Special Interest Group

Reproductive Genetics

Welcome to the section dedicated to the Special Interest Group Reproductive Genetics. Here you can read more about us, our activities and our recommended reading. 


Mission statement and fields of interest

Reproductive Genetics focuses on a range of topics that involve the genetic and epigenetic aspects of both natural and assisted reproduction. It is a field constantly evolving due to the rapid technological advances and it is our focus to constantly explore how technologies can be used to help understand the biology of reproduction. Our interest expands to investigate available genetic tests to identify couples at risk of passing a genetic mutation to their offspring, to study the genetics of infertility, to acquire information about the genetic characteristics of embryos, to improve our understanding on the genetic and epigenetic regulation during development, the genetic and epigenetic impact of assisted reproduction, the use of preimplantation genetic testing (PGT), the ability to detect or correct genetic disease in human gametes and embryos, the current status of prenatal screening and diagnosis.

Mission statement

The aims of the SIG Reproductive Genetics are:

  • Bring together novel insights and research studies on the topics of interest, to stimulate discussion and encourage research;
  • Increase awareness and understanding of the role of genetics in reproduction;
  • Conduct ongoing reviews of any arising issues in genetics (by formulating dedicated workgroups);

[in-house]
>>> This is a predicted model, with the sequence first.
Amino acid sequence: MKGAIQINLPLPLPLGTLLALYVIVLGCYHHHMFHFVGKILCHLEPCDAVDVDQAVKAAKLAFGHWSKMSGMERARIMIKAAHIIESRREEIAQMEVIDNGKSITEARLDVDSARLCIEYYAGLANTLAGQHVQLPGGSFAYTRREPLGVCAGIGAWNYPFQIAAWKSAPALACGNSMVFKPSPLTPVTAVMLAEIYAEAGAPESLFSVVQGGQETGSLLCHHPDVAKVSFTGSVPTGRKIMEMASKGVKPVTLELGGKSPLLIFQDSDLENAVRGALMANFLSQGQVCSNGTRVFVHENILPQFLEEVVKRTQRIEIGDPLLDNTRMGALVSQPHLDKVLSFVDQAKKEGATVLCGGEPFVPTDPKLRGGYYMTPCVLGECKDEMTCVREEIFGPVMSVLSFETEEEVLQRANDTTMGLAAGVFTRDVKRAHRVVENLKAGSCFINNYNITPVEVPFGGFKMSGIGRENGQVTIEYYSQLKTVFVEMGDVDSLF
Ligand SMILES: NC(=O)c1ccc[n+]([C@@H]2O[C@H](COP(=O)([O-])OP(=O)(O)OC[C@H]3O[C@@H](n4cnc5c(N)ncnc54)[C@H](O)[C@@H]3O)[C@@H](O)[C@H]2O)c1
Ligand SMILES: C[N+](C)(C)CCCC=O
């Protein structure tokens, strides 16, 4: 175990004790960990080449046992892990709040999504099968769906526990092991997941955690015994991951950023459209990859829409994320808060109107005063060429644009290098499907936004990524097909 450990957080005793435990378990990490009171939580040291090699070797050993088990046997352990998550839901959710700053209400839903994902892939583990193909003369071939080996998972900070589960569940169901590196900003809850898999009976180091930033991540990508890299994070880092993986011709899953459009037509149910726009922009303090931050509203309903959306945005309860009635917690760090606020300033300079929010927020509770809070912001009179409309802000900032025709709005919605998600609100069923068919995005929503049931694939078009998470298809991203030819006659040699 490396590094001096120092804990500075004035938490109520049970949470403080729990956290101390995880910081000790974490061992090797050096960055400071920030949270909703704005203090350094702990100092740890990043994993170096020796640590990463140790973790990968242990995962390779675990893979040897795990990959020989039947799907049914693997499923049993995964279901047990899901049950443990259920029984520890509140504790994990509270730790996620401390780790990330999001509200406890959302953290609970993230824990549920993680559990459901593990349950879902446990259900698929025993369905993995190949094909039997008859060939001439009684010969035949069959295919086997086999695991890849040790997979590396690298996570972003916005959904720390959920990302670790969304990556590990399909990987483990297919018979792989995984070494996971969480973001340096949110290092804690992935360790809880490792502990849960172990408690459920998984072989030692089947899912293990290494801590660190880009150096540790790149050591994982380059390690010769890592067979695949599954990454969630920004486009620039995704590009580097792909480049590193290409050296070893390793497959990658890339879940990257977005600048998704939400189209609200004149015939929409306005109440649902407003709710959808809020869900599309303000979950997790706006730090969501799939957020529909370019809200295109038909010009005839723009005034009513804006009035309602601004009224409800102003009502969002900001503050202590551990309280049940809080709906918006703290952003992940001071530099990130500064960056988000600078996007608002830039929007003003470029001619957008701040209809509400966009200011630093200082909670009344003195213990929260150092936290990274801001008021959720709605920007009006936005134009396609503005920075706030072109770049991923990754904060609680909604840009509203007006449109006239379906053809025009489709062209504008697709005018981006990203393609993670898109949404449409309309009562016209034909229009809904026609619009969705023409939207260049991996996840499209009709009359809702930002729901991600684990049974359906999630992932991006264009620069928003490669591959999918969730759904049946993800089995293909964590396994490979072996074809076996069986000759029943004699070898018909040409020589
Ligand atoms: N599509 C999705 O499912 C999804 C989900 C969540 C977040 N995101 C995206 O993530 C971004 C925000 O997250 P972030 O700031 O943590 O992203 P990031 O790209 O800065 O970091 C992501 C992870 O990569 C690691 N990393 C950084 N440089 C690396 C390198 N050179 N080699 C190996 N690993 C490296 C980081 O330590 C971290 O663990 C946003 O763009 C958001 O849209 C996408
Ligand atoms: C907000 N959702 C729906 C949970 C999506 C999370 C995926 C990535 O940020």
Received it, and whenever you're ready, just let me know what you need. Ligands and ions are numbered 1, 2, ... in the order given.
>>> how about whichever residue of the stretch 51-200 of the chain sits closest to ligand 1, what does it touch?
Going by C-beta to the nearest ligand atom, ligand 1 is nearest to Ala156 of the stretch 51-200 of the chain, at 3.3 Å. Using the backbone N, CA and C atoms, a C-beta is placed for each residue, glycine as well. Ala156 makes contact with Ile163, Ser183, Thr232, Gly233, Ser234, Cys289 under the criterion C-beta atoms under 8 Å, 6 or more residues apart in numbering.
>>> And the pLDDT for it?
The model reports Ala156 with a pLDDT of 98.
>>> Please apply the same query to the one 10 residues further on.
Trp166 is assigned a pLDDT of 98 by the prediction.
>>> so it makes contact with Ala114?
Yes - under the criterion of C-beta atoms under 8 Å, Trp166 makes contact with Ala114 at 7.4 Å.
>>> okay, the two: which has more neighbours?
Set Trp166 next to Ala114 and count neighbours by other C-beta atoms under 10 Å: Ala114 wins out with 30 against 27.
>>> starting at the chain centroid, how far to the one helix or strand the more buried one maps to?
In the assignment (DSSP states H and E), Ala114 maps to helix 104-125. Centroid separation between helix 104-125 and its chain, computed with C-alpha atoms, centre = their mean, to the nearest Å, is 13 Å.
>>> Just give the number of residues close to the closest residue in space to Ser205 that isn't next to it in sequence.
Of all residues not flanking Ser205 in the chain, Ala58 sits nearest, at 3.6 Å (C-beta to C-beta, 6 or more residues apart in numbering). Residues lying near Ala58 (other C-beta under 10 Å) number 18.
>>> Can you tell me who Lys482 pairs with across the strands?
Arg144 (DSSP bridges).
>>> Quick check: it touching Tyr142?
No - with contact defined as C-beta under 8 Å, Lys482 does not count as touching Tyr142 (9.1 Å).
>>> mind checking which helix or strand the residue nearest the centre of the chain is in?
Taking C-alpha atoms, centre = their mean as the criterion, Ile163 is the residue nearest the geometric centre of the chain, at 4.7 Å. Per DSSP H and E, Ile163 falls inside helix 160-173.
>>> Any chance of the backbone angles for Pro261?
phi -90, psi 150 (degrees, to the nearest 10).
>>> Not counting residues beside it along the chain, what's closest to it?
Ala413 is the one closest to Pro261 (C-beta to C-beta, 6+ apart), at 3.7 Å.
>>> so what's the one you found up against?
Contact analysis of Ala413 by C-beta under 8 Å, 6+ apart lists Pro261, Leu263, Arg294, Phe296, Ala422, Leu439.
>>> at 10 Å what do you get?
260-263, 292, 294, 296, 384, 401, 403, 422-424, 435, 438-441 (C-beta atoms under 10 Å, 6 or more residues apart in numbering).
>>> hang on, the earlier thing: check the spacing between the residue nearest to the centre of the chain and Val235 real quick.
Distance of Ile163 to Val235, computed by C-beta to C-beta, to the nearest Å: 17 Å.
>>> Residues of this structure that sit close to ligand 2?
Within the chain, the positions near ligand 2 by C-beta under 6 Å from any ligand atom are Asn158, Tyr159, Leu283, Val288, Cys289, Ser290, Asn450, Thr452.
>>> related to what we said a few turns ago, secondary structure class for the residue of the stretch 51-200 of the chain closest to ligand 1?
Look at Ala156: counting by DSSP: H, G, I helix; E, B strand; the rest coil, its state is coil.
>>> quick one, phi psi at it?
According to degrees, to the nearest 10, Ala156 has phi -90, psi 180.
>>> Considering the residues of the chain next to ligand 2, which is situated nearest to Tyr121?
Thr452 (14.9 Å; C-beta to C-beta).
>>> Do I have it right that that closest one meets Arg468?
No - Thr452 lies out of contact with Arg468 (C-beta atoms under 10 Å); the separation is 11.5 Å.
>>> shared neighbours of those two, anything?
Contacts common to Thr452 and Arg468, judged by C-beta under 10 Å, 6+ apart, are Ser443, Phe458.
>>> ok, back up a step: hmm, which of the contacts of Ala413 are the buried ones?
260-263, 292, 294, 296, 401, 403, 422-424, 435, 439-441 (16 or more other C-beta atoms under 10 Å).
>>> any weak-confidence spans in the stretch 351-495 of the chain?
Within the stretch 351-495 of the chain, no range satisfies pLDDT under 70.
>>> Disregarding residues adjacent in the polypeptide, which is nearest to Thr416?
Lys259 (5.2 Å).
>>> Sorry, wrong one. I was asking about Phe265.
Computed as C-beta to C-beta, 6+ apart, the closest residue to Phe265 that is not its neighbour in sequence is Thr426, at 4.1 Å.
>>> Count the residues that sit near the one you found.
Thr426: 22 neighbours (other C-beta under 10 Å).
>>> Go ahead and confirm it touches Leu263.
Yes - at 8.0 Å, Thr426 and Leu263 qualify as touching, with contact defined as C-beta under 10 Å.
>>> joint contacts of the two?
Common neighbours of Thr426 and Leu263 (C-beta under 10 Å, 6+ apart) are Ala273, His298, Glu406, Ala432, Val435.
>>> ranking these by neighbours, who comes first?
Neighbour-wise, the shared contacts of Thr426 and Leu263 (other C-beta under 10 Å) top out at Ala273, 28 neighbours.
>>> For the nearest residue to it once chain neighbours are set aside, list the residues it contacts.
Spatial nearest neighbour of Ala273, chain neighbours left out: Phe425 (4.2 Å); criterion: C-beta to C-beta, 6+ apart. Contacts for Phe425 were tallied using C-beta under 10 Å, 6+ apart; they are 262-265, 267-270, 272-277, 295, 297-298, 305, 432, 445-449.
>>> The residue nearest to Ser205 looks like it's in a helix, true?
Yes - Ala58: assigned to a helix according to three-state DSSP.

• Evaluate the appropriateness of genetic tests and develop standards for the application of genetic testing in reproduction;
  • Collect data on current PGT practice (availability, range of referrals, accuracy, reliability, effectiveness, safety), formulate expert recommendation documents to promote best practice, encourage networking between PGT scientists (via the practice of the PGT Consortium).
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ESHRE PGT Consortium

The first clinical application of PGT was reported in the early 1990s. The field has seen immense progression mainly in the techniques used for either chromosomal or molecular diagnosis. We have seen two-colour FISH evolve to five colour FISH, and now molecular karyotyping using array-CGH at the single cell level. Conventional PCR was replaced by fluorescent PCR, then multiplex PCR and whole genome amplification. Some groups are already using SNP arrays for PGT and genome sequencing is around the corner. Since the early days, the number of PGT cycles carried out and the number of clinics offering PGT has grown year by year. In 1997 it was decided to bring these activities together in the ESHRE PGT Consortium.

Register now for the ESHRE webinar series

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ESHRE Guidelines

Good practice recommendations for PGT

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